Slide 11

In the 2011 Medscape report, 69% of general surgeons said they would choose medicine again and 60% would select their own specialty. This year, only 55% would still choose medicine, and only half would select their own specialty. Furthermore, in 2011, 49% said they would choose their own practice setting, but this year only 22% would go that same route.

Slide 12

To determine the level of general career satisfaction, Medscape averaged the percentage of general surgeons who again would choose medicine, those who would choose their own specialty, and those who thought they were fairly compensated. At 49%, general surgeons came in third from the bottom in overall satisfaction, which is only slightly higher than last year's percentage (48%) when they were fifth from the bottom. The other least satisfied, from the bottom up, are internists (47%) and nephrologists (48%). According to the calculation, the most satisfied physicians this year are dermatologists (63%), followed by pathologists and psychiatrists (both at 57%).

Slide 13

Despite considerable publicity, cash-only and concierge practices are still not significant payment models for general surgeons.[4] This has changed little since last year. Participation in accountable care organizations, however, continues to rise, from 26% last year to 32% currently, with 9% more expecting to be part of an ACO this year.

Slide 14

The American Medical Association has warned that the "'regulatory tsunami' facing US physicians could cut Medicare payments by more than 13% by the end of the decade."[5] Nevertheless, 87% of employed and 67% of self-employed general surgeons said they will continue taking new and current Medicare or Medicaid patients, which is up from their responses last year, when 80% of employed and 58% of self-employed general surgeons said they would take these patients. Little change was observed in those not taking Medicaid or Medicare. There was a decline among undecided employed general surgeons between last year and now, from 16% to 11%, and among those who were self-employed, from 28% to 19%. This decline, coupled with the increase in those taking Medicaid/Medicare patients, suggests that more undecided doctors opted to take these patients.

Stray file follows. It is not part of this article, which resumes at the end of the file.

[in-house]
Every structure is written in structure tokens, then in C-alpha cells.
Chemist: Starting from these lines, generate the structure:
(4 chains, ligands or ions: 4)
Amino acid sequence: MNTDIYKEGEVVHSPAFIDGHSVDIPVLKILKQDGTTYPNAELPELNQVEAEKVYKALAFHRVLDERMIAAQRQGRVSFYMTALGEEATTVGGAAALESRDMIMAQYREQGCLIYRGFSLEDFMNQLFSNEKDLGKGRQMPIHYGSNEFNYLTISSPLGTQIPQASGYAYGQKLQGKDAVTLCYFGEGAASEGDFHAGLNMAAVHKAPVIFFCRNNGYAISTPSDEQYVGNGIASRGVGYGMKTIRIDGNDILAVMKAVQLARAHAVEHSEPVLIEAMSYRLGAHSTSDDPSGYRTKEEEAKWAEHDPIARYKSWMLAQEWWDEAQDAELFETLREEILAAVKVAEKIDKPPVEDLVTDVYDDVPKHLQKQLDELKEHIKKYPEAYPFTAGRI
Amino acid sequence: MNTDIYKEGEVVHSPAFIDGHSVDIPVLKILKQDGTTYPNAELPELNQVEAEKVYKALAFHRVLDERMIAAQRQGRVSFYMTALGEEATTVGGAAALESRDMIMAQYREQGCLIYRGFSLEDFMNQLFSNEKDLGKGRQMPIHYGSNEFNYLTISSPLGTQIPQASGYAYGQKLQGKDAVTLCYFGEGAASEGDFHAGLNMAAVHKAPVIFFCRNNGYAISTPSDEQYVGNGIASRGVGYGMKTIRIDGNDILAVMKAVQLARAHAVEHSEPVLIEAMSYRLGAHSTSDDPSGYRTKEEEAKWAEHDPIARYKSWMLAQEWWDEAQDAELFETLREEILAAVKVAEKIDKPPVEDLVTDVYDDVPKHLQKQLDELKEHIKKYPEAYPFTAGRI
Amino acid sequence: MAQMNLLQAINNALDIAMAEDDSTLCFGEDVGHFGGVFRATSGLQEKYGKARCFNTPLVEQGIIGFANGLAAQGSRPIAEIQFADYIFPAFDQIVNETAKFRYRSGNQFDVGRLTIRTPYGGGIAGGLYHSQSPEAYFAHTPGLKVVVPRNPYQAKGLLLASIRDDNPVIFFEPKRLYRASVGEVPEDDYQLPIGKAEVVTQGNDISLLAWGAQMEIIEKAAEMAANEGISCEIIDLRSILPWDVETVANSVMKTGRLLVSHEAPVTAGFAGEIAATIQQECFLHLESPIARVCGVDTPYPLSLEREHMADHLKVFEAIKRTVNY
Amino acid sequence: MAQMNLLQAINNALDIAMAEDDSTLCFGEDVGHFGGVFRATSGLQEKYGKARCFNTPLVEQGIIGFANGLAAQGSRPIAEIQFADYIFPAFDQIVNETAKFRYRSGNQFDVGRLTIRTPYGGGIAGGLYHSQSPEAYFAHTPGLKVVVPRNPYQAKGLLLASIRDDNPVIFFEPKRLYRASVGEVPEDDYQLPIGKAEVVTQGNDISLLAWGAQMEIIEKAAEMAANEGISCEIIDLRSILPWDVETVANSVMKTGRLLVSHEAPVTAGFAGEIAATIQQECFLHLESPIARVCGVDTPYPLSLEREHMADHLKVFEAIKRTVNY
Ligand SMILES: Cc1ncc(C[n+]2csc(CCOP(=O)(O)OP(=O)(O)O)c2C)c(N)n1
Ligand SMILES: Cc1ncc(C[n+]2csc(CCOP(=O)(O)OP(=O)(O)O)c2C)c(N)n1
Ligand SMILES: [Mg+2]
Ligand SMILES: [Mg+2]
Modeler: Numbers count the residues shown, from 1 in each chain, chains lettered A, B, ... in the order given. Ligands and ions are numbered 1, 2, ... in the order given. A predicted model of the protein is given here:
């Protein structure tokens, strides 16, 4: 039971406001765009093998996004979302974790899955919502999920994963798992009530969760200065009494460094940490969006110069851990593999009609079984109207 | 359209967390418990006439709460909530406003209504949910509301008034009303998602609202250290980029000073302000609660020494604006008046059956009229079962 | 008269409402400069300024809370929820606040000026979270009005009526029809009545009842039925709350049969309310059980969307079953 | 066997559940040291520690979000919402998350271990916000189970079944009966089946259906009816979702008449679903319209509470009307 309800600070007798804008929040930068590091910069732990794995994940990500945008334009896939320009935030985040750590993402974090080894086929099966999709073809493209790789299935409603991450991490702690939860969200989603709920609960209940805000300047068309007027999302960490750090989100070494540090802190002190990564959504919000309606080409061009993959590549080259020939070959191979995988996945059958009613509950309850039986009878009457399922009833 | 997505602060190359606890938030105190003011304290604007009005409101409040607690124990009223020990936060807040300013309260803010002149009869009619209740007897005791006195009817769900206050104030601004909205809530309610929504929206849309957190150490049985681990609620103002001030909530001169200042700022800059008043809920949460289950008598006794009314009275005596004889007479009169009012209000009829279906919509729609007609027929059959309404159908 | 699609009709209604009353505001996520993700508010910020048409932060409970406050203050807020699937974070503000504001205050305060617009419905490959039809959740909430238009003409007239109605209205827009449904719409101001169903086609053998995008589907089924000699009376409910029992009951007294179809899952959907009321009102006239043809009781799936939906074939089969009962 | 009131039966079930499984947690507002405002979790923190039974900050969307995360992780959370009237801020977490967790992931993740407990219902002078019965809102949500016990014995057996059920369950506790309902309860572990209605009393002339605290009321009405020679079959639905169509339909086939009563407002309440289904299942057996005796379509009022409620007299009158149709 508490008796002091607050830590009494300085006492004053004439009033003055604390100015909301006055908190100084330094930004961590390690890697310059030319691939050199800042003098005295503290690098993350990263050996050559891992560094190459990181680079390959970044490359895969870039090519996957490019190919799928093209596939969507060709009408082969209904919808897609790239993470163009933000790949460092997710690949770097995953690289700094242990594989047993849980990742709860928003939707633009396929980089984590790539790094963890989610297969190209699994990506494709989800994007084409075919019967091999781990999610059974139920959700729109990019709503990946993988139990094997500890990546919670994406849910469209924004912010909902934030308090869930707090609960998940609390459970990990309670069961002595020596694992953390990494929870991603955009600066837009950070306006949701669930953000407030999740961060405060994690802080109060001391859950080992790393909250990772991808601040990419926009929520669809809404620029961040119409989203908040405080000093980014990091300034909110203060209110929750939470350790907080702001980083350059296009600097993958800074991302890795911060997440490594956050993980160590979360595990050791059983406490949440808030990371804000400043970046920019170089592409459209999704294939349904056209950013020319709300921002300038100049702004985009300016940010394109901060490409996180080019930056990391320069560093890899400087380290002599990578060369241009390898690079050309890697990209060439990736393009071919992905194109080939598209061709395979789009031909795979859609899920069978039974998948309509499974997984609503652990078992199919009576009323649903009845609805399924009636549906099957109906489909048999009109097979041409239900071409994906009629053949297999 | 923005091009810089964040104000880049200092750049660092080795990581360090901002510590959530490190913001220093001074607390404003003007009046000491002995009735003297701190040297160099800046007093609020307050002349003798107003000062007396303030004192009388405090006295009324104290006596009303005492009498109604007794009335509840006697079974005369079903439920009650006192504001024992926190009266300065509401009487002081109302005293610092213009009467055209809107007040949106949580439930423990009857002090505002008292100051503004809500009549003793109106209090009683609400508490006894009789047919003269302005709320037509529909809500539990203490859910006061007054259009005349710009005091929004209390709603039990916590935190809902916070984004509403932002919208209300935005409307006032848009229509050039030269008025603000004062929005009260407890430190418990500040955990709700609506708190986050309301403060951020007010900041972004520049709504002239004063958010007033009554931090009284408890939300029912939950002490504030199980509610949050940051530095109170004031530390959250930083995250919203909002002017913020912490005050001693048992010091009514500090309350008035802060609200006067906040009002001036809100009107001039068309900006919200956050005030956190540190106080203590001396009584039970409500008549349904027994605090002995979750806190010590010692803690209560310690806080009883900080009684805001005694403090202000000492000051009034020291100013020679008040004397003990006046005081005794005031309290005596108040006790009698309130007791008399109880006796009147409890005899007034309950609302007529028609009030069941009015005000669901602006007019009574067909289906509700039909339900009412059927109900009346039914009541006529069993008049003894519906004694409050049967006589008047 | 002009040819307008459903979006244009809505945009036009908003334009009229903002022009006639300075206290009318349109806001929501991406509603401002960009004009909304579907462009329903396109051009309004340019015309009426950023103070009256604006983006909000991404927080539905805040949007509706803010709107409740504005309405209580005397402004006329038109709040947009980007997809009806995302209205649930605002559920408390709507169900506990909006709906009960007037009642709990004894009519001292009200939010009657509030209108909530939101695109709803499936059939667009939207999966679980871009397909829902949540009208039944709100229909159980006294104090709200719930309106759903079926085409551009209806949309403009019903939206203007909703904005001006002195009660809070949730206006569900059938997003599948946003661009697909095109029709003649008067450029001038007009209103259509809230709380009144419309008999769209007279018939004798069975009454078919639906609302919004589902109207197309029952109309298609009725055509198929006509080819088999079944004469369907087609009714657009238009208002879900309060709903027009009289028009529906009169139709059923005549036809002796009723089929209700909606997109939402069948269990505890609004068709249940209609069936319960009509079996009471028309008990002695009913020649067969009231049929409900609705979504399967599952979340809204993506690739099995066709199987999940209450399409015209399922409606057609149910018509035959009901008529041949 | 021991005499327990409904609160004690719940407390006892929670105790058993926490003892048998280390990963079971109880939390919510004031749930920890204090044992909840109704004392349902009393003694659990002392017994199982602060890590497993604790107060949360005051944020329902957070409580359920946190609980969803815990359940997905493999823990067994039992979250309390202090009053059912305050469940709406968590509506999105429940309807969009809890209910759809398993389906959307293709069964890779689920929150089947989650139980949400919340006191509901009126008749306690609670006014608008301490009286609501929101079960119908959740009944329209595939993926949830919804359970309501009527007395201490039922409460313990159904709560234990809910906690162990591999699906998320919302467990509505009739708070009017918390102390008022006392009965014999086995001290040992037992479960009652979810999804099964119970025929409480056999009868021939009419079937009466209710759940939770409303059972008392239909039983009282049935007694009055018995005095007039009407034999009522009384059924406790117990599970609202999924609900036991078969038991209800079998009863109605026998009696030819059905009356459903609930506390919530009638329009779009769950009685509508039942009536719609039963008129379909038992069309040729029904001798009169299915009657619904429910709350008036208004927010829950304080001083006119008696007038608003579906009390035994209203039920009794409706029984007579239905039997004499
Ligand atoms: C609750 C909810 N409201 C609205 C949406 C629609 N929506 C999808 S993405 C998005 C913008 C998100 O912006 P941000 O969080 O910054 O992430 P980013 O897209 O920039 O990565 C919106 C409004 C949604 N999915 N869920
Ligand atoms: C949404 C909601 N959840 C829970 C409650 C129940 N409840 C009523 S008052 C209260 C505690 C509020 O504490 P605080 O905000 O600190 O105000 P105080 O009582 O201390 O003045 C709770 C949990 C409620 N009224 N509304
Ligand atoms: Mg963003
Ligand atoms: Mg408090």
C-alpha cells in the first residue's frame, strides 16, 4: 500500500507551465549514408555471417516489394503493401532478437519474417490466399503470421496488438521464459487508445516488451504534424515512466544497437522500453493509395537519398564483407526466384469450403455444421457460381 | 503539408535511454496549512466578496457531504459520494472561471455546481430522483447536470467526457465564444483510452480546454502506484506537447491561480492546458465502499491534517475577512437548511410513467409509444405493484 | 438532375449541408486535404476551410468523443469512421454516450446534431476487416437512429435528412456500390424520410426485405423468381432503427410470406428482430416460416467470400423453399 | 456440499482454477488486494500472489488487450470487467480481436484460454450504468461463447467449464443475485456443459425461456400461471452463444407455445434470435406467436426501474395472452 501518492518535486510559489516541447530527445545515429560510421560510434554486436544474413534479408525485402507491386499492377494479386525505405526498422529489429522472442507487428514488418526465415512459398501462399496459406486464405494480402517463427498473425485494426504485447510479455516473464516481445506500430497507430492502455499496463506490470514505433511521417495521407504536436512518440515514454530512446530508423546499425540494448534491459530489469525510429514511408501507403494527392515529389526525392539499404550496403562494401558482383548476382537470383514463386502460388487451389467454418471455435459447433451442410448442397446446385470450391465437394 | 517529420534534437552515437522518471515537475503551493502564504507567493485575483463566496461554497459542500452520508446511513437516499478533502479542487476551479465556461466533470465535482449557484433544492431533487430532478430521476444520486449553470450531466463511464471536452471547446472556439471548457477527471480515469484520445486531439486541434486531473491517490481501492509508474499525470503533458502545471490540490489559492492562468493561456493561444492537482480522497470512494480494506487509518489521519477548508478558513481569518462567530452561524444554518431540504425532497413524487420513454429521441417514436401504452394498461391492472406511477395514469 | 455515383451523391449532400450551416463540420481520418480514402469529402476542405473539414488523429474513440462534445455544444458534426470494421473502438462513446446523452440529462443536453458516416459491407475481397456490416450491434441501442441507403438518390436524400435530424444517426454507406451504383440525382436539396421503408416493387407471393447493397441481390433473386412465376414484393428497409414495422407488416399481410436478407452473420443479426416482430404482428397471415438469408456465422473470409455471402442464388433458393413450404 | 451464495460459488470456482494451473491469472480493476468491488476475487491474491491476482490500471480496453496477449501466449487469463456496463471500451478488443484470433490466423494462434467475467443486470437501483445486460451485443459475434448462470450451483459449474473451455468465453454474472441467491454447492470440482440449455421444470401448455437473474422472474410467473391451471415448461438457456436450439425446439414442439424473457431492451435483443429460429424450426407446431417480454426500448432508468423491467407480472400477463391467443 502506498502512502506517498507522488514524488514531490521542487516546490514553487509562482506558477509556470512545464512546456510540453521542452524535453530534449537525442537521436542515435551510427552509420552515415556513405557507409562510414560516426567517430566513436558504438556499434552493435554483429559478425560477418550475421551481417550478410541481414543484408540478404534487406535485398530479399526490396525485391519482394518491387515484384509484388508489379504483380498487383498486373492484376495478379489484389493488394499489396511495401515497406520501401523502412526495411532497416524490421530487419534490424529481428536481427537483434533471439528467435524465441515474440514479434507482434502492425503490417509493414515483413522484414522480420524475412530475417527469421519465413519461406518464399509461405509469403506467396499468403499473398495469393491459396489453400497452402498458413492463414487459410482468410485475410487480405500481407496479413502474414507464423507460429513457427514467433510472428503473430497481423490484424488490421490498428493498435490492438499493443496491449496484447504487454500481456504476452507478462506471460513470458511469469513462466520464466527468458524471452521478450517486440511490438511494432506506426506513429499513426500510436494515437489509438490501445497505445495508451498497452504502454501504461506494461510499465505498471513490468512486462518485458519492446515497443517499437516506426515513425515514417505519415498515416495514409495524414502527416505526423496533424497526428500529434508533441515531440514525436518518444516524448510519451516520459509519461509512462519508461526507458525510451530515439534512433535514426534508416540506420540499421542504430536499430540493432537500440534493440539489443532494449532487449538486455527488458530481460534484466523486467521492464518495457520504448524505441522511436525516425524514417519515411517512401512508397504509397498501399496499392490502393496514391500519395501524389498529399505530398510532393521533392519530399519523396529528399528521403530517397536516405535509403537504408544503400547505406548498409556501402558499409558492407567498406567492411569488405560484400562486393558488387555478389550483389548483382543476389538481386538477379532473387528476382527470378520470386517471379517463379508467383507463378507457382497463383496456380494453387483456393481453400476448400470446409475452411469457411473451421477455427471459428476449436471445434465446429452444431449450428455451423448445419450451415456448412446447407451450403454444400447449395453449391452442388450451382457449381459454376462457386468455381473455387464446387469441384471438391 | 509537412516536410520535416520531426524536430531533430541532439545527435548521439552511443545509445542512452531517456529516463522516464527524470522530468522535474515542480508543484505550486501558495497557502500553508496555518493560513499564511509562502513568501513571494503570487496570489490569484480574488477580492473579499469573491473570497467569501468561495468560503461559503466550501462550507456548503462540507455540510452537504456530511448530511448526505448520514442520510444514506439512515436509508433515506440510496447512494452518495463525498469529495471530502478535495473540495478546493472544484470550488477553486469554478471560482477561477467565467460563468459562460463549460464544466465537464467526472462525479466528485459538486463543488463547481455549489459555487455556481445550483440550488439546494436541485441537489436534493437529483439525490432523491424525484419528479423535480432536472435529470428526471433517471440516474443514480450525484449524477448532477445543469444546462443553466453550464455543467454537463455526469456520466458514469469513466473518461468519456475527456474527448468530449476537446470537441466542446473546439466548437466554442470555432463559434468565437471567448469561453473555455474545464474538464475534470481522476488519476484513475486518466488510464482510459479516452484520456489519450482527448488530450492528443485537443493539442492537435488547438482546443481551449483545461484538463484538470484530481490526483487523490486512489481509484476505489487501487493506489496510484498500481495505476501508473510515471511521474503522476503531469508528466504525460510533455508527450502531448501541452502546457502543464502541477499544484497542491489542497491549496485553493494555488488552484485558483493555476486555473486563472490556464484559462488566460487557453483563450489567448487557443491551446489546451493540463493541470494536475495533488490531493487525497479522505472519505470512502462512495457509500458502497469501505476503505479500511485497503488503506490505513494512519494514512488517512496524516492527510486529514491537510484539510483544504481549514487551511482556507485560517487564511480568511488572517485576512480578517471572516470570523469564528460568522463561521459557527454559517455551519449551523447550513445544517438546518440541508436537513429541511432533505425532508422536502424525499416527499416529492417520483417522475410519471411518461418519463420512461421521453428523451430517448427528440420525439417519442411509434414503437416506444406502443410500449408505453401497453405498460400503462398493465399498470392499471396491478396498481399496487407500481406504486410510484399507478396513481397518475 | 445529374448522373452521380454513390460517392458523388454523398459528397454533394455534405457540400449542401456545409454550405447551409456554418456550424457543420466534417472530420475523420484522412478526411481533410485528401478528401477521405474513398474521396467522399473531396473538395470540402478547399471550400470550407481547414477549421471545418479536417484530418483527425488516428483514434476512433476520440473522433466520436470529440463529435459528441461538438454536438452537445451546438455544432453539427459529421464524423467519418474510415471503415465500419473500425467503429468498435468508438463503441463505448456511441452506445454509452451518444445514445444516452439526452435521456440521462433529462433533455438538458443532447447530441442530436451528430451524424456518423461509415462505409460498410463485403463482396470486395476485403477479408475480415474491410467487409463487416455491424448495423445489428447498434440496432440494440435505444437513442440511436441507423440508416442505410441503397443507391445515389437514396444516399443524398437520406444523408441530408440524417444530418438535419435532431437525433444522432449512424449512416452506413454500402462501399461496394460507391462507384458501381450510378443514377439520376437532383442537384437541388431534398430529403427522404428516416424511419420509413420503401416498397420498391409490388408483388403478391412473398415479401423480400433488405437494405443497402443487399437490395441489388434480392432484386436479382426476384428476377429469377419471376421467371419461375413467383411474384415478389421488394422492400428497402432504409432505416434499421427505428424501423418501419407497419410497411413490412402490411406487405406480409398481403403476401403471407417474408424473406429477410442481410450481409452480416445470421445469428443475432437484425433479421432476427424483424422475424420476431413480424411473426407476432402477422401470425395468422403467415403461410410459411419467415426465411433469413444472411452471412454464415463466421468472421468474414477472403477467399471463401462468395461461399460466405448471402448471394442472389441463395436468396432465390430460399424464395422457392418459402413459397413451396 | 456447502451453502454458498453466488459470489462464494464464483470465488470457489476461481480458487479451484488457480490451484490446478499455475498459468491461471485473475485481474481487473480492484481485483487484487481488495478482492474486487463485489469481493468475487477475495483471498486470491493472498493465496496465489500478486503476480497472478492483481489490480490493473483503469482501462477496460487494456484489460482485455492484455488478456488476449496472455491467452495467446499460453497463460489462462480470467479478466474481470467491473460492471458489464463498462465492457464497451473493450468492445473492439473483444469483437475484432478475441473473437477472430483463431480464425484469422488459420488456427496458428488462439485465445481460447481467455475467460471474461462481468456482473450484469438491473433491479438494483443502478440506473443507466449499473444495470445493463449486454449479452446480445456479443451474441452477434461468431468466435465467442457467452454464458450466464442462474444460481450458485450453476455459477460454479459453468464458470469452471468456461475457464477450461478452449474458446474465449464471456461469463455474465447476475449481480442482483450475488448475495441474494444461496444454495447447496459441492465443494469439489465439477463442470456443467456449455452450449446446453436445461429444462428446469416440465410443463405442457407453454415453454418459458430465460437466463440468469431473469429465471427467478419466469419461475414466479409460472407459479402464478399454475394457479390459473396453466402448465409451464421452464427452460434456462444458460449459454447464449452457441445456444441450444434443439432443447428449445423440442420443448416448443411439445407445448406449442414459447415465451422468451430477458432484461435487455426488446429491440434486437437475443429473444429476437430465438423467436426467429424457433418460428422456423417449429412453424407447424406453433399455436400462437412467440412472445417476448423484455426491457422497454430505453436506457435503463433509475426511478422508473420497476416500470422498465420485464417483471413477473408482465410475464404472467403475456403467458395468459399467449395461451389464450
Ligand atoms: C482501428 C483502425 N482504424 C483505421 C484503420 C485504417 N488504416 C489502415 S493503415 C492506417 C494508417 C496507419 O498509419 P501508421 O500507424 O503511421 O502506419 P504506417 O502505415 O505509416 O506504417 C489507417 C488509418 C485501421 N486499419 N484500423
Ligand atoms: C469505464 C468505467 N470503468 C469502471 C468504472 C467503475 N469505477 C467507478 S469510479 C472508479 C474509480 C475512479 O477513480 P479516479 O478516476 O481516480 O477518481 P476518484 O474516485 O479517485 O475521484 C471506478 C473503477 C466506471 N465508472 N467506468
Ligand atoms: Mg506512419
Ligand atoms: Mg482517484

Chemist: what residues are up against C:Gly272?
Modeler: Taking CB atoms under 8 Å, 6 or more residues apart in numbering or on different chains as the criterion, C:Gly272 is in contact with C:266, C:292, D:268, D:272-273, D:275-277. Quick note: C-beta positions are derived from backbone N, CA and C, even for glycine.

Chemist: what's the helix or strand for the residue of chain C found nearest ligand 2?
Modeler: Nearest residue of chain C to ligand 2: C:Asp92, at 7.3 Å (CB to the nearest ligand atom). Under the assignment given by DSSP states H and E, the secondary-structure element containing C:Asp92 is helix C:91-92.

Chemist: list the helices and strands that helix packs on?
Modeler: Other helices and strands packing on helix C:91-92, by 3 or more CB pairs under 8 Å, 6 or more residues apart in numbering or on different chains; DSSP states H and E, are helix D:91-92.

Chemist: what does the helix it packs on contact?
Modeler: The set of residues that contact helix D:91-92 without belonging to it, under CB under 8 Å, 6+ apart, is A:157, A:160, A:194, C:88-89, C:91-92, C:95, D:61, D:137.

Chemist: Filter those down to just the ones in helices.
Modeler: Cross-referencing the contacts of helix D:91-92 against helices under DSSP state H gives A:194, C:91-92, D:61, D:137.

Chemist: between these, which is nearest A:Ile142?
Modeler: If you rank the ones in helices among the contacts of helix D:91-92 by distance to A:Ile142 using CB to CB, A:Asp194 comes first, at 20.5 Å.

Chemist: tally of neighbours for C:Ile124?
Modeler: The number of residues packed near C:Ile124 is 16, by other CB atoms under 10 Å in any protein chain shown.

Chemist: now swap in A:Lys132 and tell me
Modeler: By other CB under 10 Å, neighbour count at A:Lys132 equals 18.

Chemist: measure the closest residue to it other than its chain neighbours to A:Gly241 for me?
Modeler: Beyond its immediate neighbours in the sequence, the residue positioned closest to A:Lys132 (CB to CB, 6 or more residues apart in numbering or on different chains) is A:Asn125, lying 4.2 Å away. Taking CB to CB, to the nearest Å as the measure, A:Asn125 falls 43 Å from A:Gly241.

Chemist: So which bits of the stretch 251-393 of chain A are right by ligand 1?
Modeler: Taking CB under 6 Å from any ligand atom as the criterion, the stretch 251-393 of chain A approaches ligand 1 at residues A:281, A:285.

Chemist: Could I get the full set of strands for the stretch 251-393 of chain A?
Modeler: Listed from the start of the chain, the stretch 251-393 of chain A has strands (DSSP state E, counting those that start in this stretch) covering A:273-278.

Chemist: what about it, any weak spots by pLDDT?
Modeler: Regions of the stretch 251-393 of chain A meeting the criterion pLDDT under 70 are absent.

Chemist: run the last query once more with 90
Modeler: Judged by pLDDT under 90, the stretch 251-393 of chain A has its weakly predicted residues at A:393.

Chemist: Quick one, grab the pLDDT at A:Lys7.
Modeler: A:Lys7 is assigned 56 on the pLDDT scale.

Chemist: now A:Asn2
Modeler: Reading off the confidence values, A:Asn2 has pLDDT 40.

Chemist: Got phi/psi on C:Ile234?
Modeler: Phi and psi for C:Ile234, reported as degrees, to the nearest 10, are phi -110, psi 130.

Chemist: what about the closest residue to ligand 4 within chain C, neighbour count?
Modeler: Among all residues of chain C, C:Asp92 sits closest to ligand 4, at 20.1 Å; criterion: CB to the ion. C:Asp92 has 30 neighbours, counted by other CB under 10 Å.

Slide 15

In a Medscape report on insurers conducted in 2014, well over half (58%) of all physicians received less than $100 from private insurers for a new-patient office visit. In the current report, when asked whether they would drop insurers who pay poorly, 24% of general surgeons said they would and 46% would not. (The question was not applicable to the remaining survey respondents.)

Slide 16

According to Medscape survey findings, 17% of employed and 18% of self-employed general surgeons say they have offered new ancillary services within the past 3 years. Ancillary services in general surgery practices can include ambulatory surgery centers, physical therapy, radiology, and MRI.

Slide 17